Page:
The work of Hilla and Bernd Becher is one of my earliest and most profound influences, as it is for many photographers and other artists. What is the influence? What is the attraction in art that is so matter-of-fact? The answer lies in one simple verb: Look. The Bechers created work in which the photographers are reticent, out of the way, letting the viewers take a look, a long, hard look.

Looking is at the heart of the Bechers' work, and it is the reason they used photography as their medium, because photography provides a long look. What I take from their work is my own interest in using photography to look long and hard--neither minimizing some appearances nor maximizing others--and thus to show (with any luck and if all goes well) how a calm, clear, and unconditional view of our surroundings is so wonderful. More and more, I am interested in practicing what Hilla called "direct, descriptive photography... clear, clean images--with a complete tonal range, with appropriate depths--devoted to the subject."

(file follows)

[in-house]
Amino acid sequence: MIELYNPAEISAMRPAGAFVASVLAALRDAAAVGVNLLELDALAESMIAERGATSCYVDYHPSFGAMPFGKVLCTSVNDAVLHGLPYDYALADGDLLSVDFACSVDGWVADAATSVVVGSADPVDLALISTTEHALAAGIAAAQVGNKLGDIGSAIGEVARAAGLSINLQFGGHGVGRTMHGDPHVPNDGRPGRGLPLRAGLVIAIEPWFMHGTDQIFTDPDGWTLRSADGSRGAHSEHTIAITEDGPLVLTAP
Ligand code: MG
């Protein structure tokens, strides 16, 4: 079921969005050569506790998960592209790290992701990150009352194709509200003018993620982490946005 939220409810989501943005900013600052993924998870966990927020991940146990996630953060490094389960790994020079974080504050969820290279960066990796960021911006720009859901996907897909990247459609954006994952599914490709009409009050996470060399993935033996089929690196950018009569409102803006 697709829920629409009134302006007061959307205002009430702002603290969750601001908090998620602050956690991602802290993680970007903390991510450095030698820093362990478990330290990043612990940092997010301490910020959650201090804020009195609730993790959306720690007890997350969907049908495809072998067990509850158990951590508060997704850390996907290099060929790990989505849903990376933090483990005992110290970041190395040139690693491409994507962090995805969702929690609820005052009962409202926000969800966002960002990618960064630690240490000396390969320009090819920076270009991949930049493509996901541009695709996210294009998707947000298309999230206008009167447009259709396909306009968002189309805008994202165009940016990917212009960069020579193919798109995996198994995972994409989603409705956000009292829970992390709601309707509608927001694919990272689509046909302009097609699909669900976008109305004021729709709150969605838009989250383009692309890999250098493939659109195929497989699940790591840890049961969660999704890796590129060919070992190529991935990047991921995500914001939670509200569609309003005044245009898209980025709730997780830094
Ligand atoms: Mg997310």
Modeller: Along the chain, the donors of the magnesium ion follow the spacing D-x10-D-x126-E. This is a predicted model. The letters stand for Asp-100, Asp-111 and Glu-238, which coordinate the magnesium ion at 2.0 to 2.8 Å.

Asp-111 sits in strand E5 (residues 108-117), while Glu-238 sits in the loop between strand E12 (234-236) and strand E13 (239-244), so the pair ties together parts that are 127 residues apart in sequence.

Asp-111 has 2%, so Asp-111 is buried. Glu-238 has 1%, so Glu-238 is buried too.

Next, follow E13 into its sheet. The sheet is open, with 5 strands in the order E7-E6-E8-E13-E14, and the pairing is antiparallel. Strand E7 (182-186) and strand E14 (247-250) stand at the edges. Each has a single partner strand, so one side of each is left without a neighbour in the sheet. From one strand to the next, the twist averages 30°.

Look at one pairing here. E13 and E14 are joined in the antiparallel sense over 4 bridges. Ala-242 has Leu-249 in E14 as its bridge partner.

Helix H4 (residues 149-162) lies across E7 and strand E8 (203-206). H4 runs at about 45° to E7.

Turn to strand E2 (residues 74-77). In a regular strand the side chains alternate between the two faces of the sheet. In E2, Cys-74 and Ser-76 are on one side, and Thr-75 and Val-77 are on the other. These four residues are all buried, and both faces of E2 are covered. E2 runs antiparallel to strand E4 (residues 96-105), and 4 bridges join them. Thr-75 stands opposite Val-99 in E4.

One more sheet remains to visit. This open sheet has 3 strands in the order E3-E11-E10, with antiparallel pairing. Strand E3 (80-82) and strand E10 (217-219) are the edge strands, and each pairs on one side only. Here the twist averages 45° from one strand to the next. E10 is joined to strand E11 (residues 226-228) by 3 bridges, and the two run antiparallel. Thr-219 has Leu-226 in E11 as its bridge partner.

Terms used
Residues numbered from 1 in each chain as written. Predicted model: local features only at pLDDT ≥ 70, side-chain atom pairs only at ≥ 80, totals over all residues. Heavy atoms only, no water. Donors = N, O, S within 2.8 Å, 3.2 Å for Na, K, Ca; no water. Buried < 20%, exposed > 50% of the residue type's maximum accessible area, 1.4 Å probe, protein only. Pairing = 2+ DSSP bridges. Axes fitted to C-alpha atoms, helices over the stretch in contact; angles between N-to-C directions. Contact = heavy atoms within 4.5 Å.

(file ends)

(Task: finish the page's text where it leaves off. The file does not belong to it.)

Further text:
This series is still young (as of late October 2021). A couple of things are clear, though. One, my approach, much like that of the Bechers, will be two-fold: I'll use both distance shots, literally a long (and wide) look, as in the Construction Company Lot plates, and closer shots that close in a specific thing or things. Two, my subject matter, also much like that of the Bechers, will be industrial, but, unlike theirs, also relatively more urban although also less urban residential than most of my other work. I have some ideas for work beyond construction lots and sites: government buildings, automatic doorways on downtown buildings, escalators, street intersections, freeway barriers, freeway views from bridges... things that can represent my urban environment and that share somewhat similar symmetrical properties, lending themselves to Becher-like compositions and tonal ranges, and that share abstract commonalities that I can also exploit Becher-like in the compositions.